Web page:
4) Indonesia is in a very challenging physical setting, despite the frequent natural disasters that occur. They are able to re-establish themselves to propel their economy into the top 20 largest economies, and they have barely tapped their enormous physical and human potential. If one natural disaster of the magnitude that affected Indonesia befell Nigeria, could Nigeria manage? Do emergency services exist beyond a paragraph on a page? Does the government believe in disaster preparation and planning?

5) The Indonesian government has shown that it can tackle the prickly problem of ethnic and religious strife. Witness the apparent calm that has returned to the Maluku islands between Christians and Muslims. Compare that with Nigeria's failure to tackle the crisis in Plateau state. The only remaining blemish on Indonesia is the treatment of the Melanesians of the province of Papua (who share more in common with their brothers in neighbouring Papua New Guinea).

Indonesia is no paradise, their governments are flawed, but they do know the value of development and are thinking of the future of their country, and are making huge strides towards a brighter future. They are not totally divorced from the society at large. The same can't be said of Nigeria.

AINO,  5:16 pm  

i don't know, jeremy. you make valid points, but the average nigerian has definitely achieved pathologic dephts of complacency. the struggle has no vision; one just needs to get through the day. everything is in god's hands, and people are waiting to be saved. people literally shrug their shoulders and accept the status quo. but you are right in your statement regarding a lack of unity; that alone has been a major obstacle. and another thing i wonder: are there enough numbers of nigerians who want change?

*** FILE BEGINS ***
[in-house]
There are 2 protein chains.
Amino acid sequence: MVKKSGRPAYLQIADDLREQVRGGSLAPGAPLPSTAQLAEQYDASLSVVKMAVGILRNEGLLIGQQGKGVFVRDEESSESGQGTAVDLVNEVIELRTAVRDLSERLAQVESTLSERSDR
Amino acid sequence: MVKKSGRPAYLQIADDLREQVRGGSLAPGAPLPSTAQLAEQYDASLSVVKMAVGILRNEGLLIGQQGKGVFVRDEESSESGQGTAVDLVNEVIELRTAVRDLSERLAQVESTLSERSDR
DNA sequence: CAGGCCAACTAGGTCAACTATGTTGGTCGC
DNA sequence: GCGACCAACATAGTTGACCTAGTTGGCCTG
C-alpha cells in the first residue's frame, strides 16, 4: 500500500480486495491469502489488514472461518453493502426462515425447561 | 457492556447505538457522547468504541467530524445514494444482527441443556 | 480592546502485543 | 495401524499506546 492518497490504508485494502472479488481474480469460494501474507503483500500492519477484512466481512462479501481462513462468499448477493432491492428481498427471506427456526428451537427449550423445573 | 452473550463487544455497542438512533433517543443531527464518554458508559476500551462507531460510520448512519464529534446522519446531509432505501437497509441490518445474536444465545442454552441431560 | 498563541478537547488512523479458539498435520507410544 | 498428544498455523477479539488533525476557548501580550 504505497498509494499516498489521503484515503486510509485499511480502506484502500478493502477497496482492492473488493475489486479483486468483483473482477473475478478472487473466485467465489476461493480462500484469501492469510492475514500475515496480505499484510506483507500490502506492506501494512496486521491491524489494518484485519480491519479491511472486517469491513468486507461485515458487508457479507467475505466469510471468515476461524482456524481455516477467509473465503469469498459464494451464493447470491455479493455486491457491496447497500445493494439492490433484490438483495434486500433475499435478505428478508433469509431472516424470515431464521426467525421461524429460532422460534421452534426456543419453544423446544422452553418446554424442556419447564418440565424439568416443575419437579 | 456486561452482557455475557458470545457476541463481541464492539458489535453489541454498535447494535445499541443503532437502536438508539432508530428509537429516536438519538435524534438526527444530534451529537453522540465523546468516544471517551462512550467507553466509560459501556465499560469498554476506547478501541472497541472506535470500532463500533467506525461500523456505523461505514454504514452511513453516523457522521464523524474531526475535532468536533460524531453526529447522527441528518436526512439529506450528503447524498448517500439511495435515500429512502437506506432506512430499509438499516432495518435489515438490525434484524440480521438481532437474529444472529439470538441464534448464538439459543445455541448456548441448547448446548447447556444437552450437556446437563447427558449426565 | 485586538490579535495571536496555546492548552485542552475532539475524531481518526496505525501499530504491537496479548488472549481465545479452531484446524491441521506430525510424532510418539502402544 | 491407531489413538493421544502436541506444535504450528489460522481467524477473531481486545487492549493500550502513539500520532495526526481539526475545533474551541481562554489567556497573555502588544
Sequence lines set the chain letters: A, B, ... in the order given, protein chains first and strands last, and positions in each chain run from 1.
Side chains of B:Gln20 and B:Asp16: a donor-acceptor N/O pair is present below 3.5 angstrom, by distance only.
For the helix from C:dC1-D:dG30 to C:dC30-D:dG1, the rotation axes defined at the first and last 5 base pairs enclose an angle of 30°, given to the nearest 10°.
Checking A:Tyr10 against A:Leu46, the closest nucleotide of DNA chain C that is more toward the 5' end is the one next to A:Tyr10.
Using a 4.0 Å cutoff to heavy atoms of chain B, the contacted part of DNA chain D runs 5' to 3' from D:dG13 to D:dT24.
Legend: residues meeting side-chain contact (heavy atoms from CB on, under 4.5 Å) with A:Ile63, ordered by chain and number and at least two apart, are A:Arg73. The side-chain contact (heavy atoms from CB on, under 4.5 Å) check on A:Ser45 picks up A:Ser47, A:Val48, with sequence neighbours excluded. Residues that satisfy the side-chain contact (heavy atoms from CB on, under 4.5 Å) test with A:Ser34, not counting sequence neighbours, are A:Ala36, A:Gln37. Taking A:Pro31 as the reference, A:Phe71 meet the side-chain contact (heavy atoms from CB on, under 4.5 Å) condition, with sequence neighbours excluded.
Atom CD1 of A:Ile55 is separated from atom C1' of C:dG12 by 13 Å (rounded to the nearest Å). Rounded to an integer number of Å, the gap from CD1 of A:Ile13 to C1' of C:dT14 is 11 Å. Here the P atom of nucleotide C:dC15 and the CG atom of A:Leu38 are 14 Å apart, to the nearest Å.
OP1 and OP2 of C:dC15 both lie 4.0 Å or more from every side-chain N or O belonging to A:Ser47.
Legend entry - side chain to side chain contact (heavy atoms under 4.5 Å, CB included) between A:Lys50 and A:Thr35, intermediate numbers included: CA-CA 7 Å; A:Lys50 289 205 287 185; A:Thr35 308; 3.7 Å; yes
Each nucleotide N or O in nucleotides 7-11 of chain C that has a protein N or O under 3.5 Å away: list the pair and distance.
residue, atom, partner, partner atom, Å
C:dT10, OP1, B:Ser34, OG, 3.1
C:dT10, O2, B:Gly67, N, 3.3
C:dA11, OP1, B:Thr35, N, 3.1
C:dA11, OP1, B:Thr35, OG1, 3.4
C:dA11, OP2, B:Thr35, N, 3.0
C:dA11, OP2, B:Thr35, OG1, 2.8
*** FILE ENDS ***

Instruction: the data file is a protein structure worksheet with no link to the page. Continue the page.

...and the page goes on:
CodLiverOil 5:59 pm  

Professor Utomi has eluded to what I was saying previously

1) Nigeria has problems - true. The problems of Indonesia are far more extensive and complex, yet they are able to make Indonesia a success.

Click here

2) Professor Utomi, also attributes the stagnation/ regression to irresponsible elite (I would even go onto say, one sector of society can not be singled-out, the nation on the whole is responsible.)

Click here

yinka,  11:11 pm  

Perhaps throwing in a third country into the fold, like the oil-rich yet impoverished Angola, could help to draw clearer conclusions.

CodLiverOil 5:58 pm  

I don't see the comparison, other than the government of Angola is mismanaging it's considerable wealth.

Angola had to fight the Portuguese for independence, then they experienced an extremely long civil war from 1975 - 2002 (27 years).

Click here

I don't see the comparison with Nigeria's civil war that lasted 3 years? By any reckoning 27 years is a lot longer than 3. The British were not driven out of Nigeria by force of arms, they left voluntarily.

I urge you read what Professor Utomi said, he tells it, like it is.

Click here

Here is a quote from the man.
"...Now, when you begin to show the average Nigerian that the quality of life in Nigeria is worse than in Benin Republic and that their state of well-being is much much worse than in ostensibly poorer Ghana, then many of our people will begin to see more clearly what our problem really is..."